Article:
A ‘merits criteria’ regulation that would have denied thousands of people legal aid for judicial review, homelessness and habeas corpus cases is to be amended, following debate in the House of Lords, writes Elizabeth Davidson.
Peers passed the Civil Legal Aid (Merits Criteria) Regulations 2012 on Monday, 3 December – by convention, the House of Lords can only reject or pass, not amend, secondary legislation. However, Justice minister, Lord McNally gave a promise to the House that the cause of concern – Regulation 53(b) – would be addressed by an amendment to be made by April 2013.
Regulation 53(b) states that the director of legal aid casework must be satisfied that the applicant has ‘exhausted all administrative appeals and other alternative procedures’ for challenge before bringing a public law claim’ – crucially removing any discretion from the director.
According to the Legal Aid Practitioners Group (LAPG), this would have forced people in urgent need of access to a judge to go through complex complaints procedures first and would delay their case for ‘months, if not years’.
Proposing a ‘Regret’ Motion, Lord Pannick, said ‘the unhappy effect of Regulation 53(b) will be that legal aid will become unavailable in practice for judicial review and other public law cases where there are other less effective and slower procedures available’. However, he withdrew this proposal following Lord McNally’s promise to amend.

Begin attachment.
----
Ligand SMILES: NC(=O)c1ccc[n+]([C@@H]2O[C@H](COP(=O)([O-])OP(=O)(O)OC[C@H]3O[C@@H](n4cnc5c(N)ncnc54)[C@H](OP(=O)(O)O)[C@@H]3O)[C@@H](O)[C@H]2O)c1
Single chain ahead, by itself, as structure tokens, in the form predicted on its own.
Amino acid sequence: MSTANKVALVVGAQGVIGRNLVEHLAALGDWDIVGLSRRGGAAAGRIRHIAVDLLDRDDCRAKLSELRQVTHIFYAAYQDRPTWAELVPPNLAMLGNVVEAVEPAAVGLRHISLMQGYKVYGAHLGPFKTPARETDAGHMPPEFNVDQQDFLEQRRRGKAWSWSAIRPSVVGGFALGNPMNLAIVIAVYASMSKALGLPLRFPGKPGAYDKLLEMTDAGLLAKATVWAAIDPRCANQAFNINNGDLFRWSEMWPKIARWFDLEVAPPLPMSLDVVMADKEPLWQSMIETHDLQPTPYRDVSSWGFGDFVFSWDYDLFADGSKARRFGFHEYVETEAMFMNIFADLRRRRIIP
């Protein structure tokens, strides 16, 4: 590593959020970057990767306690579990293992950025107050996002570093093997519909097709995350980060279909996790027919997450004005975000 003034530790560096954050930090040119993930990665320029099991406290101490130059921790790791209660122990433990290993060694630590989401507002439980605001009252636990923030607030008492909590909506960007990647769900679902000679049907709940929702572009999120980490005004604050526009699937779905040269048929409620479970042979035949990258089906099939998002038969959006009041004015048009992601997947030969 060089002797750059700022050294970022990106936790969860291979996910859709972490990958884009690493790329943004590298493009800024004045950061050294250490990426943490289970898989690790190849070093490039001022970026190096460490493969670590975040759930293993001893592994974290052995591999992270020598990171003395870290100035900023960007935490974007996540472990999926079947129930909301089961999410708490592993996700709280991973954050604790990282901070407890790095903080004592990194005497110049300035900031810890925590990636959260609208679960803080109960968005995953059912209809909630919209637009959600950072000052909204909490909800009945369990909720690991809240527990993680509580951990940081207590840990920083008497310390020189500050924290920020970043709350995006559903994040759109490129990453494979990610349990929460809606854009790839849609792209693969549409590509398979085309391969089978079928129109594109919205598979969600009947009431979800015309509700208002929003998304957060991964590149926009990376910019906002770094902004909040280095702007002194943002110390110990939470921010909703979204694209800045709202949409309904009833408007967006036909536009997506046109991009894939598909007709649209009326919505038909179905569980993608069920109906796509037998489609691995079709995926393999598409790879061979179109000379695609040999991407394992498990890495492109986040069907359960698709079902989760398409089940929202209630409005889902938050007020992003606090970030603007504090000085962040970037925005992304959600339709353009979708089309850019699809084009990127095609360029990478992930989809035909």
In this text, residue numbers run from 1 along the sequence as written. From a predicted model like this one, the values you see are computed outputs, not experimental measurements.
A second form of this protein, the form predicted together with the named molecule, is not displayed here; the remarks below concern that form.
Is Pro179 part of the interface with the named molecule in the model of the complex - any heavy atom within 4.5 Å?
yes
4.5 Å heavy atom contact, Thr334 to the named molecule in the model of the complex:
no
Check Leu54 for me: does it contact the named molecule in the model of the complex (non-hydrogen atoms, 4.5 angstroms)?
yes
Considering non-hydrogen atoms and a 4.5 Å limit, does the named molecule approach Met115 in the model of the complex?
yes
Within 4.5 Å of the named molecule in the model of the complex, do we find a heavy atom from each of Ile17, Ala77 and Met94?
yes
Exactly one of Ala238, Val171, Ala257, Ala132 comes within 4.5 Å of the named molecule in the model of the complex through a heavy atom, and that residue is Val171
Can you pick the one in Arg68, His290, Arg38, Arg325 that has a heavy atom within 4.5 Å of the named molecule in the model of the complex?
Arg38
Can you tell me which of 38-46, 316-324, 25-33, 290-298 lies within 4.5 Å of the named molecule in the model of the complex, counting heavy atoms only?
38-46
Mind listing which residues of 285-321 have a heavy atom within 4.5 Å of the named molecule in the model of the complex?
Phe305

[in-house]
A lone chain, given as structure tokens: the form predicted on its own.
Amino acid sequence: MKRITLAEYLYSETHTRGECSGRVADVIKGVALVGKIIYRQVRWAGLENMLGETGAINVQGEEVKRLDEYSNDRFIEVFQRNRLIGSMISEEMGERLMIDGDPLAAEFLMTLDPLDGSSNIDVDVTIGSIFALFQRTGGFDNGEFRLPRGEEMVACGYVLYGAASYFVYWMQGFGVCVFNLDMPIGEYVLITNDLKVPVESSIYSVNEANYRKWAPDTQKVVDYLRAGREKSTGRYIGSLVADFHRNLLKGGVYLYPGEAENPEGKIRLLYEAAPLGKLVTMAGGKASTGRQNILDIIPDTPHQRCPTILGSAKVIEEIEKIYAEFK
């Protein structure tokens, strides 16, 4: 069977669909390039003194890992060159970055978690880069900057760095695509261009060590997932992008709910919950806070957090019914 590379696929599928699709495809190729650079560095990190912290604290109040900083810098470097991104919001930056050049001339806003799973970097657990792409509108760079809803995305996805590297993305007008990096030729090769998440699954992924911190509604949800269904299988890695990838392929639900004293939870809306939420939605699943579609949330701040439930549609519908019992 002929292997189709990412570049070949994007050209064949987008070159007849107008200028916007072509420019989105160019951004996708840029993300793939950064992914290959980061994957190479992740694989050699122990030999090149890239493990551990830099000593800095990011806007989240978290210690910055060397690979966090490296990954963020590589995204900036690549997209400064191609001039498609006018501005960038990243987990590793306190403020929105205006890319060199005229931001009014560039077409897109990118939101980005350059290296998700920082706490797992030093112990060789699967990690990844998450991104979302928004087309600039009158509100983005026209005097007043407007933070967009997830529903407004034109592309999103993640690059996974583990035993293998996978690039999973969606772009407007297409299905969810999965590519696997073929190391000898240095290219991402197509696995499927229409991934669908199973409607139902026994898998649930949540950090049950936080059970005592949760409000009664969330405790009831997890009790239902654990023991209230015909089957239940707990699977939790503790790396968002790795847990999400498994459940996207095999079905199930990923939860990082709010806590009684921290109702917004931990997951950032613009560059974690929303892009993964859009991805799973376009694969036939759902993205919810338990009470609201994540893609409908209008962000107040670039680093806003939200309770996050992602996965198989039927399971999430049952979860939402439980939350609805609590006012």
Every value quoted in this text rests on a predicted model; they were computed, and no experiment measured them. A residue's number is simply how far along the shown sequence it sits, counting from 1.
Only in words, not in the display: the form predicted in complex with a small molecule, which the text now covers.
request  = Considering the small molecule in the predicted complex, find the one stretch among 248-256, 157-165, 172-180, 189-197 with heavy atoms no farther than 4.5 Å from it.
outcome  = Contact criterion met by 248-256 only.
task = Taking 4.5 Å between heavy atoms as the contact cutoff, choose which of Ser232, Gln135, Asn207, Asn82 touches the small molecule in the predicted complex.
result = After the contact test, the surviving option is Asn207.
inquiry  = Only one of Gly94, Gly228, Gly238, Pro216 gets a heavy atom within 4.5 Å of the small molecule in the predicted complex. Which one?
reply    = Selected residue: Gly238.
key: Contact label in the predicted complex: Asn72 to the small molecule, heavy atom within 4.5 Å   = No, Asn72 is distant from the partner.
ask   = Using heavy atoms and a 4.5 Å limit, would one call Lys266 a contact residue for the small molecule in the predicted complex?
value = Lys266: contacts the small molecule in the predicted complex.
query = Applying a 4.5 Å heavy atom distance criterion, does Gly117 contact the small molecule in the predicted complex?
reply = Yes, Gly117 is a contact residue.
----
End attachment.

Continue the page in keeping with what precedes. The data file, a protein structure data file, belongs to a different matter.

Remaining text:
A ‘Regret’ Motion allows the Regulation to pass, but with the Lords’ ‘regret’, which can be useful if the Regulation is subsequently judicially reviewed.
Lord McNally told the House that the government would bring forward amendments to ‘introduce discretion into Regulation 53(b) so that the director of legal aid casework will have the express power to grant legal aid for public law claims, even if the alternative routes have not been exhausted, if he none the less considers that such an appeal or procedure would not be effective in providing the remedy that the individual requires.
‘This would clearly address the situations that are causing noble Lords concern. It would, for example, put beyond doubt that legal aid for judicial review would be available where the claimant required urgent interim relief and this could not be provided in any other way.’
Carol Storer, director, Legal Aid Practitioners Group (LAPG) said: ‘We are very pleased as we put a lot of work into contacting Parliamentarians, writing briefing notes and talking to people, and there was a high quality of discussion.
‘We thought that, on the wording as it was, it would be virtually impossible for someone to obtain legal aid and to bring a judicial review.’
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